I escaped social media and you can too

(Photo credit: 8List.ph)

Many years ago, when I was just getting started on Instagram, I saw a clip of The Daily Show’s Trevor Noah interviewing a woman wearing a hijab. The woman claimed that hijabs are actually empowering for women because it privatizes their sexuality. She continued that if women with private sexualities are powerless, it means that powerful women must be sexy.

As philosophically dubious as this claim may be, it was one that I had never heard before. I had spent enough time online that I heard the same talking points plenty of times, so it was a welcome surprise. This post was my first ever ‘Like’ on the explore page, which was the best decision I ever made.

Immediately, as if by the will of Allah, my feed was flooded with Quran quotes. Some were in English, but most were in Arabic. Needless to say, these posts didn’t particularly grab my attention. I would spend hardly any time on the explore page of the app, and once Instagram introduced ‘recommended posts’ in your follower feed, I found myself unaffected.

After this happy little accident, I realized that the same method could be applied to the other apps to which I was already addicted. By turning off my YouTube history, the suggestions feed was filled with previously viewed videos, before being removed entirely. By subscribing to niche subreddits about obscure tech I’d never owned, and written in languages I didn’t speak, I filled my feed with the most confusing and boring posts. It wasn’t long before I deleted most of the apps outright.

Social media is, by design, hyper-palatable. It gives you access to everything you could ever want without asking for anything in return. The best way to break the chokehold it has on your neurons is to destroy the algorithm with a dark inversion of my simplistic misunderstanding of ancient Eastern philosophy. When the algorithm yins, you yang. If it yangs, you yin back harder than it yinned you first. If you like memes, start reporting every meme you see. If you don’t speak Portuguese, start liking and commenting on the posts of Brazilian influencers. Most importantly, any time a post piques your interest, mark it as “not interested” or whichever equivalent. The trick that I stumbled upon works by making your own feed hostile to you. If all goes according to plan, you should be struck by a feeling of disappointment and boredom whenever you open the app.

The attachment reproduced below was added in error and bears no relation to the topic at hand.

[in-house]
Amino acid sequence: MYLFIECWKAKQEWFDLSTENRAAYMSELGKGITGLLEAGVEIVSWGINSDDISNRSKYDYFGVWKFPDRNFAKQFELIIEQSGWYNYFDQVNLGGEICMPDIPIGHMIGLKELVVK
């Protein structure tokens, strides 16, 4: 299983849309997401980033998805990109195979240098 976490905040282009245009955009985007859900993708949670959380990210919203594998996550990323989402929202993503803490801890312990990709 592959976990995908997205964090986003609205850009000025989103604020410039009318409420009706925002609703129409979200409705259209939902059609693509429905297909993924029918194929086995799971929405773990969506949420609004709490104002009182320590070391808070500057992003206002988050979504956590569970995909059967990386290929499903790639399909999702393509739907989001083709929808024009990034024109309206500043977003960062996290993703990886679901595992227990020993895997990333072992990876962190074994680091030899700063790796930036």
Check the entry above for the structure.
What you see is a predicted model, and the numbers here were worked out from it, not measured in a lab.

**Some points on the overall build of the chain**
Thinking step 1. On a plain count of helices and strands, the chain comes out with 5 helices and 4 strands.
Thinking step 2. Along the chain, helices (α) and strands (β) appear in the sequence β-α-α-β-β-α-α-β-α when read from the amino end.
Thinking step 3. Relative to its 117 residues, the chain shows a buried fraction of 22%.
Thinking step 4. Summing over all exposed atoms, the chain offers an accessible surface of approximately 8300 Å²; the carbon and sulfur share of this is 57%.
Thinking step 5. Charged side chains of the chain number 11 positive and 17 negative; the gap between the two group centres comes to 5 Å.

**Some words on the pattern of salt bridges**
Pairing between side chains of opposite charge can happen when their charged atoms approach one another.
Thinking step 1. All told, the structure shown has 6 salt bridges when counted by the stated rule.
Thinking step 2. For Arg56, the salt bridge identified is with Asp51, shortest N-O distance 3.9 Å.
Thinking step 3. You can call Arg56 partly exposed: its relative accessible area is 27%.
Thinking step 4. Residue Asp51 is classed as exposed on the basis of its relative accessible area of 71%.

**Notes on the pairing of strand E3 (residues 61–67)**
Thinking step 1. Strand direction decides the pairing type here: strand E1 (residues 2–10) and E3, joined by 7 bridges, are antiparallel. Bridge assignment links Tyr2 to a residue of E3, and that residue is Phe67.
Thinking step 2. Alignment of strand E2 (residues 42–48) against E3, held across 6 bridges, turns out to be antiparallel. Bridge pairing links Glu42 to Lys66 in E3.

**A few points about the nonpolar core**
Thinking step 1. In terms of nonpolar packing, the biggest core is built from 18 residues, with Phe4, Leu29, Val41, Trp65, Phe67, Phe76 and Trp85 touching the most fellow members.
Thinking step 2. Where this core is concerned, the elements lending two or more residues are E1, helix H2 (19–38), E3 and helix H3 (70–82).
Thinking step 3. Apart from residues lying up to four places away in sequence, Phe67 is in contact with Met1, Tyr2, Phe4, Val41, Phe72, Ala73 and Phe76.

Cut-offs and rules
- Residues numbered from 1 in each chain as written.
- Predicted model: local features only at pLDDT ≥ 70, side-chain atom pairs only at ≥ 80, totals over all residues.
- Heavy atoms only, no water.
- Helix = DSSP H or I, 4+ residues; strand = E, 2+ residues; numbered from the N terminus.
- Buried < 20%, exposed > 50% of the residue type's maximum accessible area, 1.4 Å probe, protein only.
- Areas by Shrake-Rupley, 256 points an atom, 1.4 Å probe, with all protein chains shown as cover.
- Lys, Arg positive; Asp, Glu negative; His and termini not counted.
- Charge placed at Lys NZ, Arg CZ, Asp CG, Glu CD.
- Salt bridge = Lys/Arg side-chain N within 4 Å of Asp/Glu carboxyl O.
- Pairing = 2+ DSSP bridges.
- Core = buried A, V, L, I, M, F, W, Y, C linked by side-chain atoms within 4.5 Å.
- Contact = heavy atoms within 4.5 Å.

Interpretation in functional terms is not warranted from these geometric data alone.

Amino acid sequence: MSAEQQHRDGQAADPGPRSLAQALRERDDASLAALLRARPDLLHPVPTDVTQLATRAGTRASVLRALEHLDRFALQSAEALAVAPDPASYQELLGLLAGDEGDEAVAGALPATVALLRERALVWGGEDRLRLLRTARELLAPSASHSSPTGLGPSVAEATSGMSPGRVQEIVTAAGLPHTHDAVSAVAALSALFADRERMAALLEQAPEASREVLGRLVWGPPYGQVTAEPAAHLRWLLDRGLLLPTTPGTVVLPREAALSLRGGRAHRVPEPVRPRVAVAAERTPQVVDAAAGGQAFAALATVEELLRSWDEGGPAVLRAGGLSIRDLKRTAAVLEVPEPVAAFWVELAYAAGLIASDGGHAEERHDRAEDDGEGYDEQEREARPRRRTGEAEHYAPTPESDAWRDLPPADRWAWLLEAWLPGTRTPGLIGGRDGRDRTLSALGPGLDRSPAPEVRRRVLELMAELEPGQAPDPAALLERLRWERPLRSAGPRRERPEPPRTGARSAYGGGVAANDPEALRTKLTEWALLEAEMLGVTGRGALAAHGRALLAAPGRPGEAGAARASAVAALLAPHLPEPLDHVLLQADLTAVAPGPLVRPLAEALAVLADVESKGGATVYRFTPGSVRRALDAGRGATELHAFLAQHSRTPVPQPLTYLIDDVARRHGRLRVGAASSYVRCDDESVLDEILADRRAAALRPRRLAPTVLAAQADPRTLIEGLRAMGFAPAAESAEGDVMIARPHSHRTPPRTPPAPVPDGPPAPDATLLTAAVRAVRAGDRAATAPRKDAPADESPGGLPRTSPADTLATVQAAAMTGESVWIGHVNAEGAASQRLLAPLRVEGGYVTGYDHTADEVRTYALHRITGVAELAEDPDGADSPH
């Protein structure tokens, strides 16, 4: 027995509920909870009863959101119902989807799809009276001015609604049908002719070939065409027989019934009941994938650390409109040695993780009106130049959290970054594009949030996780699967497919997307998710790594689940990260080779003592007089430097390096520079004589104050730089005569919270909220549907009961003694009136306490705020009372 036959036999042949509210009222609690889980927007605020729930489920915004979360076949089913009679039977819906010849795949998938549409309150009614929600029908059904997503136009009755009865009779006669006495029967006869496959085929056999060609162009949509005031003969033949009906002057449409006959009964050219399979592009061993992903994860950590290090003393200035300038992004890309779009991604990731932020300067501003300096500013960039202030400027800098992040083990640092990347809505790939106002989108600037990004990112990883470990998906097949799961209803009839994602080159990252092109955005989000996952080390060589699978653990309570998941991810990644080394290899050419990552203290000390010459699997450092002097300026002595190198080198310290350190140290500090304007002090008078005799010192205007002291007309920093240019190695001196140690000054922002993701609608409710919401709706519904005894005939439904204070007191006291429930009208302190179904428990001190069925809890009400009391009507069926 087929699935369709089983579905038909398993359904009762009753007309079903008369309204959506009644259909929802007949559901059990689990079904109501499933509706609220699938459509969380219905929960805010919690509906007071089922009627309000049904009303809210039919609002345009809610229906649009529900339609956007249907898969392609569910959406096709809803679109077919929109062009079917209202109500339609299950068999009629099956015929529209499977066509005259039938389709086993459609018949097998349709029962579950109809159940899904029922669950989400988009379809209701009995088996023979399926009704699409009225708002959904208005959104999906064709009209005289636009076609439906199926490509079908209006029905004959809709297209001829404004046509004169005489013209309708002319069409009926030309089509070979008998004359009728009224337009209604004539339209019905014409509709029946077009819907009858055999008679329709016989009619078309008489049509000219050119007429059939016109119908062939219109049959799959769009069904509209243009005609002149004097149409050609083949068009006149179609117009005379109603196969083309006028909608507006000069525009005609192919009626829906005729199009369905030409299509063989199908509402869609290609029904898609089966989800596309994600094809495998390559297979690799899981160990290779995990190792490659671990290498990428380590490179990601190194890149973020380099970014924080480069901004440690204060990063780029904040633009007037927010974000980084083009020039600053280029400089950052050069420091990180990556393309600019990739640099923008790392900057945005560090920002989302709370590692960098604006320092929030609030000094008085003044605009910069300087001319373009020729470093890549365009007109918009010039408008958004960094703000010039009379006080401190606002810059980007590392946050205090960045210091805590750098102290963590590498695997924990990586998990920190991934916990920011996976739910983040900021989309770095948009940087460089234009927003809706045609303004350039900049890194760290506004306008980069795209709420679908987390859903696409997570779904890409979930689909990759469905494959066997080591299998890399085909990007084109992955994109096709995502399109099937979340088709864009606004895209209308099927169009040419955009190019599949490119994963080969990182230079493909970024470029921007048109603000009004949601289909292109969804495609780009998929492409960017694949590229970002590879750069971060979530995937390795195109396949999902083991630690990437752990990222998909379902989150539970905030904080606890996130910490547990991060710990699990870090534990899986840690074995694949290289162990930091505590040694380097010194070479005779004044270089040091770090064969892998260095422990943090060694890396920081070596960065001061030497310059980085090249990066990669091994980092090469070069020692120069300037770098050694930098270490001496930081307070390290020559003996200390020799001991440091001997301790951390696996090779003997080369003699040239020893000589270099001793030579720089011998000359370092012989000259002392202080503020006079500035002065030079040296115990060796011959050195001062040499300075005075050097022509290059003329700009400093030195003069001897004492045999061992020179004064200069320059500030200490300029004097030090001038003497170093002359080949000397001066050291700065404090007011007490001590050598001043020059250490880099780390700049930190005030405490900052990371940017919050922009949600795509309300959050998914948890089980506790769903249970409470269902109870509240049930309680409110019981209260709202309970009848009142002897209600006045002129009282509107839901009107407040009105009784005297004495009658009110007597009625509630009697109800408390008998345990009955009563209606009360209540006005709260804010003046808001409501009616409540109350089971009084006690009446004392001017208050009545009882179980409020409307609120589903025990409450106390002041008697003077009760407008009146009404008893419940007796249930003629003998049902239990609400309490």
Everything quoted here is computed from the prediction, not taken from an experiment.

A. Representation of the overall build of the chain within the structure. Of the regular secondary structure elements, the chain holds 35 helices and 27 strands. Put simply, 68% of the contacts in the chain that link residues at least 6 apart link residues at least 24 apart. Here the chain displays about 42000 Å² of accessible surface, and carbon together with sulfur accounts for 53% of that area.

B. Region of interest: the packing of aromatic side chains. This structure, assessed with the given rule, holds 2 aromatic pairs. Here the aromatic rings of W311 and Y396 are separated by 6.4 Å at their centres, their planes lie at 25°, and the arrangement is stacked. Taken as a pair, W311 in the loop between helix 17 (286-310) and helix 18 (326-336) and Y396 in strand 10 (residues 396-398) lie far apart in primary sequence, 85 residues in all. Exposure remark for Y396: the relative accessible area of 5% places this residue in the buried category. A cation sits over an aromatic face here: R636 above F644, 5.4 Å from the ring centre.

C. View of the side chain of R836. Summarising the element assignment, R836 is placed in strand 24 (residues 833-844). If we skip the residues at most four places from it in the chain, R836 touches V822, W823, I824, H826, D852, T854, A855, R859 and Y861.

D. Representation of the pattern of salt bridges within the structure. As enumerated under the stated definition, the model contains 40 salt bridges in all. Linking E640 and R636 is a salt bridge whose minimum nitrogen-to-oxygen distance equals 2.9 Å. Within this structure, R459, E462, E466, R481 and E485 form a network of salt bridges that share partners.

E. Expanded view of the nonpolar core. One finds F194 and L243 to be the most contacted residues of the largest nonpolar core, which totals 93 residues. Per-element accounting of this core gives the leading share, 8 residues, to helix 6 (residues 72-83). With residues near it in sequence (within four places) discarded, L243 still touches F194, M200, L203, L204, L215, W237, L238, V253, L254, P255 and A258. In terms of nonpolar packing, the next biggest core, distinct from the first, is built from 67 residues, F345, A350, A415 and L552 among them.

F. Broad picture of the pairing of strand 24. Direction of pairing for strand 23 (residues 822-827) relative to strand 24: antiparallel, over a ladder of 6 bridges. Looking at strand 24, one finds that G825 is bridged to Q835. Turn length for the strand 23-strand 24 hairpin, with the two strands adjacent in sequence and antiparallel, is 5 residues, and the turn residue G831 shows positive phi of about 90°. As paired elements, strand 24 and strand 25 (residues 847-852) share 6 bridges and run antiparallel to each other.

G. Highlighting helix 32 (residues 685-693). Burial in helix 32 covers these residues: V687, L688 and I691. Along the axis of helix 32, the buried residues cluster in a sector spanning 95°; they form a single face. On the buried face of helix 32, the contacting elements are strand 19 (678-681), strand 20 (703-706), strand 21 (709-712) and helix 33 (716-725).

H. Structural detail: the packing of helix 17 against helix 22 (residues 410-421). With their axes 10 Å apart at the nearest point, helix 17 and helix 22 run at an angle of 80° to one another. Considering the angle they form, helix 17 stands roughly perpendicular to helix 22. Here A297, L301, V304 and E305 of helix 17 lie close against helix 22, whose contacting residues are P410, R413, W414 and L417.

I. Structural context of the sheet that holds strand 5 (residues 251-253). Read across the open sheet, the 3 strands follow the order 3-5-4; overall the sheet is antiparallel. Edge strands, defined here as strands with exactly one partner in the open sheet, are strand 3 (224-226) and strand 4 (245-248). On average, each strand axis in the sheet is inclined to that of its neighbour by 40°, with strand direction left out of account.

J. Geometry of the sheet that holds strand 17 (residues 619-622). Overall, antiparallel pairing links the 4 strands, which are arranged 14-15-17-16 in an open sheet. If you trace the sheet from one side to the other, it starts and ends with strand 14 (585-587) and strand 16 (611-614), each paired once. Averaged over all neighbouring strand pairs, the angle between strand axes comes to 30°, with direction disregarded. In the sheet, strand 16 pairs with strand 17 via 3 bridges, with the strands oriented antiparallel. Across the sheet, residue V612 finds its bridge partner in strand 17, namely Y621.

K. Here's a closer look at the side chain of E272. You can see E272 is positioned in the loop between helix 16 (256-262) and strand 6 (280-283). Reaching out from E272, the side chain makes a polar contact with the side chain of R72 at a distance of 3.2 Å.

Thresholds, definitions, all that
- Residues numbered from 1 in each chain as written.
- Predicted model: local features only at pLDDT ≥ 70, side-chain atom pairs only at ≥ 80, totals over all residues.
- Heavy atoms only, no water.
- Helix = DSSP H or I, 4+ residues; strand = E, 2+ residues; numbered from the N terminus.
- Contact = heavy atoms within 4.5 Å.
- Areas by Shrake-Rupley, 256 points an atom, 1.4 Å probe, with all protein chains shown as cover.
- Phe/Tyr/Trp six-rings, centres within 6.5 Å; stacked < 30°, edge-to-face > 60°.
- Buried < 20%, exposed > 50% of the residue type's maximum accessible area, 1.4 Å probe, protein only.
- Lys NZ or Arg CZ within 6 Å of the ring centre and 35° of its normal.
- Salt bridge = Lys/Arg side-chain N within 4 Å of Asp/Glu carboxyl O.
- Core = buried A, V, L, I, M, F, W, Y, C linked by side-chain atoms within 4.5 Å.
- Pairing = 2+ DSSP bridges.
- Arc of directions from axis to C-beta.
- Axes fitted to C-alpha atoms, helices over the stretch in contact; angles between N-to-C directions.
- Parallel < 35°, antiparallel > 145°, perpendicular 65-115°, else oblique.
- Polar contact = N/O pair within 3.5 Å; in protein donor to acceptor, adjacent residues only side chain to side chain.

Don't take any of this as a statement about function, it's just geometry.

Besides these few changes, feel free to keep using the service as you normally would, but keep in mind the end goal. You should be focusing on getting yourself to the point where you no longer use the app. If you find yourself losing to the algorithm, then you have one more move to make: deletion. Just as every chess master will tell you, if you ever find yourself in a stalemate, you can always get up, accuse your opponent of cheating, and punch them right in the wallet. You can use your anger to drive the impulsive-decision-making part of your brain and just get rid of the whole thing. Live without these apps for a while. See how it feels.

Most online lifestyle gurus will tell their followers that now would be the time to start living your real life. Use all your newfound freedom to go to the gym every day, read Marcus Aurelius, write a novel, start buying more houseplants, learn to cook, or play an instrument. Don’t listen to them. Believe it or not, many of these so-called gurus depend on their followers to remain relevant and employed, and they therefore benefit from watching you backslide. The benefit of “living your real life” is that, unlike social media, there is no algorithm to determine what you should see or do next. It’s now your choice as to the lifestyle you want to live. 

Of course, if you want to go to the gym, learn to cook, and read hard books, you absolutely can. I would even strongly encourage it. These things are not only good for you, but they go a long way to developing discipline and preventing relapses. It’s just important to see them for what they are: a way to build up your focal strength, not something you have to do whenever you’re not scrolling. In addition to self-improvement, you should take this time to explore the things that have genuinely captivated you. There is a wide world outside of social media, and now you have the ability to focus on a few things for a long time, rather than focus on everything for no time. Life is fun, so go have some.

'I escaped social media and you can too' has 1 comment

  1. December 10, 2023 @ 10:30 pm Bijutoha

    I enjoyed reading your article and agree with many of your points. Social media can be a valuable tool for staying connected and informed, but it can also be a source of stress, distraction, and comparison. I admire your decision to escape social media and focus on real life. I have also tried to limit my social media use and noticed some positive changes in my mood, productivity, and relationships. It is essential to find a balance that works for each individual and be mindful of how social media affects us. Thank you for sharing your experience and perspective.


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